In yet another mass animal die-off, 200 cows, dead, were discovered on a Wisconsin farm. The National Wildlife Heath Center is investigating the 200 dead cows. These mass die-offs, however, are likely not anything unusual.
Wisconsin farmer finds 200 cows dead
A Portage County dairy farmer came out to his fields on Friday to make a grisly discovery. 200 cows were lying dead in his field of no obvious cause. Semi trucks were called in to haul away the carcasses, and samples from the cattle were sent into a lab for tests. The farmer has not yet been identified, and wishes to remain anonymous at the moment. Stockton, Wis., newspapers are reporting that the dairy farmer and officials say that there is “no reason to think that whatever killed the cows could kill humans, too.”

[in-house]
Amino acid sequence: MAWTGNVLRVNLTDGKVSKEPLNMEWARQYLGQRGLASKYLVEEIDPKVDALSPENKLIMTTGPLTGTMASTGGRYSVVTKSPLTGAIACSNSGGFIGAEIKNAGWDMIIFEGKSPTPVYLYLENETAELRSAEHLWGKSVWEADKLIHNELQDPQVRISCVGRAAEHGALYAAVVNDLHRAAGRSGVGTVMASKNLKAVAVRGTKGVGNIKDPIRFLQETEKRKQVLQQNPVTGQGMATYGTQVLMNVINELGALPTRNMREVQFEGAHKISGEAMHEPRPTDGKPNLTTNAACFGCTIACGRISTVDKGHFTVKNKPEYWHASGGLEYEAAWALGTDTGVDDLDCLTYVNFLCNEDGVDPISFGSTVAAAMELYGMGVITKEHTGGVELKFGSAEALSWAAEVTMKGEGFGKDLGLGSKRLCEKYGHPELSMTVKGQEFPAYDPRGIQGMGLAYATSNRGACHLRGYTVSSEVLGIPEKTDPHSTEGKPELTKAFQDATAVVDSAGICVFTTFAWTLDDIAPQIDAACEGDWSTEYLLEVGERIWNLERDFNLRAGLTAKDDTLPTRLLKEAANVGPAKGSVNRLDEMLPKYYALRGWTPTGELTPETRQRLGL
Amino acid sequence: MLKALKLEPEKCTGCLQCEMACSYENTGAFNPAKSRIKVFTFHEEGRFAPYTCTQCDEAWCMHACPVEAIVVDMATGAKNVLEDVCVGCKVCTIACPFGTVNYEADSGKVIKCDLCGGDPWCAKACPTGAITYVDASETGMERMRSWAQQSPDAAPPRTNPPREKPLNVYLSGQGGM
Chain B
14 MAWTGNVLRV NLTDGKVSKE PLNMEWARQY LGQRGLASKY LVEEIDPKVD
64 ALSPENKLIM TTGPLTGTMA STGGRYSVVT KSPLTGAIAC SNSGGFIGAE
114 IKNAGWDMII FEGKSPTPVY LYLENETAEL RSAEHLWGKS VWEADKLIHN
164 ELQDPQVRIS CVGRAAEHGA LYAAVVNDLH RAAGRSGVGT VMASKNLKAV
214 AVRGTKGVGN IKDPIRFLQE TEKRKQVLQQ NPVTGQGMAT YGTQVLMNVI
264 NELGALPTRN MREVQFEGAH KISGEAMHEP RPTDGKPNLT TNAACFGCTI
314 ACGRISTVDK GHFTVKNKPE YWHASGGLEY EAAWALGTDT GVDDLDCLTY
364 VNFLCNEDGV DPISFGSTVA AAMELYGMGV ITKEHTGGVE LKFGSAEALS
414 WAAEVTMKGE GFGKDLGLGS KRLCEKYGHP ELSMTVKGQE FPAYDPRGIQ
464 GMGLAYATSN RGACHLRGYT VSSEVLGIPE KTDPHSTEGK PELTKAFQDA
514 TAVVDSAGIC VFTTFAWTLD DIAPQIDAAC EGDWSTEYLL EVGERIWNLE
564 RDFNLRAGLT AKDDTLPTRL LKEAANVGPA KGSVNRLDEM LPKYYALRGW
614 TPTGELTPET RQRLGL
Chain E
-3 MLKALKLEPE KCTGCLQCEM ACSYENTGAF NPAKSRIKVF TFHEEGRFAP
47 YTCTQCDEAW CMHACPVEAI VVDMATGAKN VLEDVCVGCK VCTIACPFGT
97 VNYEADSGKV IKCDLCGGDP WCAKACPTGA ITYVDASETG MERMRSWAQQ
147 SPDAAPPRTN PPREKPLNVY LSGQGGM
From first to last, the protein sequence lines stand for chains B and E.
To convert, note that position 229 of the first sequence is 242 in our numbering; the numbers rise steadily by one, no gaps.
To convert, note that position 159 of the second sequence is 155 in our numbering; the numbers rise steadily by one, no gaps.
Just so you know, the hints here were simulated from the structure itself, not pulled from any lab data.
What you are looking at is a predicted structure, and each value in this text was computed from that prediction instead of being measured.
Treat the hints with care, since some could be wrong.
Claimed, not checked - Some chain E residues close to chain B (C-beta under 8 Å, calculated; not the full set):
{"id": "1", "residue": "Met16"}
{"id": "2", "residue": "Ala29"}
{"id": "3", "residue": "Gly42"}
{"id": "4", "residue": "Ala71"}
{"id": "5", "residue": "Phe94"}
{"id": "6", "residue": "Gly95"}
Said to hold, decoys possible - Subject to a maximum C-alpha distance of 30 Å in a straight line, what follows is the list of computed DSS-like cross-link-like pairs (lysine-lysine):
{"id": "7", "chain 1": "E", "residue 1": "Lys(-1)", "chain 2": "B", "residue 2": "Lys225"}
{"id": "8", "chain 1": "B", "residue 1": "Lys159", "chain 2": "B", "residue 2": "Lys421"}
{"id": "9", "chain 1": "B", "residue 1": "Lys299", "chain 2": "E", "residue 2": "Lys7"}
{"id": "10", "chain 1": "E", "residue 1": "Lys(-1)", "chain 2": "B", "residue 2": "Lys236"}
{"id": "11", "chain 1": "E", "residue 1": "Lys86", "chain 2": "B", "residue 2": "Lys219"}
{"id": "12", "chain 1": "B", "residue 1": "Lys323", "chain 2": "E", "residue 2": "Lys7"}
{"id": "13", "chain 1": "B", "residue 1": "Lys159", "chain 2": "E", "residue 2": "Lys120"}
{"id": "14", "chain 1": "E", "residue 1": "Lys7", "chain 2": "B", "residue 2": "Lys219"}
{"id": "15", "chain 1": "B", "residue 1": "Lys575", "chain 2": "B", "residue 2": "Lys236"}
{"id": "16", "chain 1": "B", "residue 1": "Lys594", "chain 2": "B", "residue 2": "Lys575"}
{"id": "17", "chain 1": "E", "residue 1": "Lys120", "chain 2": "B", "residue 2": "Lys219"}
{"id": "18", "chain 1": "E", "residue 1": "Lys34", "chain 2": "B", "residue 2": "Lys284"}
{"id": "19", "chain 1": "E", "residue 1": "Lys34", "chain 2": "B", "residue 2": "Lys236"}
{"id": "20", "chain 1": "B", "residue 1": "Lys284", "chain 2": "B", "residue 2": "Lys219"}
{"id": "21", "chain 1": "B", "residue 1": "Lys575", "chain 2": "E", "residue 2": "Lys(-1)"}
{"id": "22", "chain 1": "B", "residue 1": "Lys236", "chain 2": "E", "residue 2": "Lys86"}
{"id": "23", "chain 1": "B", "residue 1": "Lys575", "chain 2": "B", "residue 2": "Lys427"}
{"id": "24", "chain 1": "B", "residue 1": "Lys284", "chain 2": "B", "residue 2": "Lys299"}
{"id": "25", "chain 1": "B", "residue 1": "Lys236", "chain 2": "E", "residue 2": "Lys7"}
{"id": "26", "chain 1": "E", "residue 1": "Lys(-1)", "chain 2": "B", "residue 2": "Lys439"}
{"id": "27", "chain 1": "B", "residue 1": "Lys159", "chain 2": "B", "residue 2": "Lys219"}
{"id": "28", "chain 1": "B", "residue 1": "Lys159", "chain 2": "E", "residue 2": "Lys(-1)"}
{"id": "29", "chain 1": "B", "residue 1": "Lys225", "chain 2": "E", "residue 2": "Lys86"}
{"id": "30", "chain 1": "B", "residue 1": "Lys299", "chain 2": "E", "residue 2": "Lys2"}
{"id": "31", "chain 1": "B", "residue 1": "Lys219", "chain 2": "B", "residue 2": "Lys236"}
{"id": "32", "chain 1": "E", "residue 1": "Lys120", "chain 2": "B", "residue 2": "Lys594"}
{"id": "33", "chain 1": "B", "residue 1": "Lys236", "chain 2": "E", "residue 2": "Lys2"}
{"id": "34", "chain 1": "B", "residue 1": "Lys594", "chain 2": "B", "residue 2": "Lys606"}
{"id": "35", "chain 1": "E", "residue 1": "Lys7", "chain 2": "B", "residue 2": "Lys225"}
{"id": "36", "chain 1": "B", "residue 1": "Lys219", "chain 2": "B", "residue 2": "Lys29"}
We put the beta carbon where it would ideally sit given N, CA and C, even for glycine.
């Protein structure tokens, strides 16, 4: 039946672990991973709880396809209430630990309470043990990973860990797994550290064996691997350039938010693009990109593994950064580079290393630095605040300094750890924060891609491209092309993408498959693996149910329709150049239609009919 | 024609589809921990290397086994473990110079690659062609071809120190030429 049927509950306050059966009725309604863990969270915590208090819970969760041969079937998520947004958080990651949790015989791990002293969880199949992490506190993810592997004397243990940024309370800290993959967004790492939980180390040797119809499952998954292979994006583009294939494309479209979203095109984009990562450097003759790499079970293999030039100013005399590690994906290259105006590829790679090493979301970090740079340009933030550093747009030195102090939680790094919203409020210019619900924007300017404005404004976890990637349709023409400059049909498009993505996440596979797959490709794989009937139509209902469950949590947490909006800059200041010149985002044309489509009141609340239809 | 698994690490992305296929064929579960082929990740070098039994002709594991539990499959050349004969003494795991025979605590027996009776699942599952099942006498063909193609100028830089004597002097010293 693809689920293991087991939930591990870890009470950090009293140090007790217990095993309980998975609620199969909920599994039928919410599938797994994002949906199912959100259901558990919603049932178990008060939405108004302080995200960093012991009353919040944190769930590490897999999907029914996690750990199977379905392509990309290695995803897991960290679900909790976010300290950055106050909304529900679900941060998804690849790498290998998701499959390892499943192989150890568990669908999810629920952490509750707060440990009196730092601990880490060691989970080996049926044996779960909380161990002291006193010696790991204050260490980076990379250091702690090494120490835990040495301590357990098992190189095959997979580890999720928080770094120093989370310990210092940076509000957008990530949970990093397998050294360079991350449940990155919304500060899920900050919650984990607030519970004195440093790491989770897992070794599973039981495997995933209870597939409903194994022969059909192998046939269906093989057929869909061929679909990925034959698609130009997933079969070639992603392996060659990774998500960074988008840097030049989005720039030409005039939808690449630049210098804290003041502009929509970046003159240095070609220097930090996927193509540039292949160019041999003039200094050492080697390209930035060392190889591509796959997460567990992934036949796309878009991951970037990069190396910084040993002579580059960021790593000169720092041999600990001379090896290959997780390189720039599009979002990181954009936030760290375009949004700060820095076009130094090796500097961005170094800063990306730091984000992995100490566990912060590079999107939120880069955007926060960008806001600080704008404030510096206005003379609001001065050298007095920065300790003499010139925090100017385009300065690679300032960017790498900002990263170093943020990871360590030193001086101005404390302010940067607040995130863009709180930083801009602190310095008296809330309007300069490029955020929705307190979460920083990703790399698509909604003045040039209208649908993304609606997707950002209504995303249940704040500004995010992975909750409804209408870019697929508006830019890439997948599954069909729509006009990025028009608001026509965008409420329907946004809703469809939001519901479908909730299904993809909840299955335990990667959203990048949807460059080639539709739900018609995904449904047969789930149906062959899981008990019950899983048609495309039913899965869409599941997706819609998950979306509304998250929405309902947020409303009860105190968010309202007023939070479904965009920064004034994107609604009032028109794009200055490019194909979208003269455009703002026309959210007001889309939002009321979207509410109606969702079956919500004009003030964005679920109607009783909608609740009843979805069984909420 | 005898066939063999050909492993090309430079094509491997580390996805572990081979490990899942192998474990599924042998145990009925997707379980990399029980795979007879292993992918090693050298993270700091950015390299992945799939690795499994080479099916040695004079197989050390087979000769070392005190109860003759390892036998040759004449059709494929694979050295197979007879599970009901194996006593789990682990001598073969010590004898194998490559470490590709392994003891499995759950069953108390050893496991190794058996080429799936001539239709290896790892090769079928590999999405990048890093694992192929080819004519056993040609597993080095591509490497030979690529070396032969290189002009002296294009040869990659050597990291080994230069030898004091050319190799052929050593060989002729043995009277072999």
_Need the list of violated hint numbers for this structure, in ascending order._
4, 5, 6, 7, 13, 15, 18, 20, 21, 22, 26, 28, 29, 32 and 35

Investigating the mass cow die-off
There are several possibilities for what could have killed off the 200 dairy cattle. Bovine virus diarrhea or infectious bovine rhinotracheitis are both good possibilities for the cause of the death. Pneumonia is also a possible cause. The National Wildlife Health Center is a U.S. Geological Survey department that investigates major animal “mortality events.” The NWHC has been in existence since the 1970′s. The cause of the cow die-off in Wis., may be reported by the media, but likely will take months to investigate and enumerate.
The prevalence of mass animal deaths
Though mass animal deaths from Romania to Idaho have been making headlines over the last six months, they are not as unusual as they may seem. The Associated Press reports that about 163 “mass animal mortality events” are average for a year. There have been mass die-offs much larger than the ones recently reported that simply did not make headlines. Most often, it is trauma or disease at cause for mass animal die-offs, and sometimes the cause remains a mystery.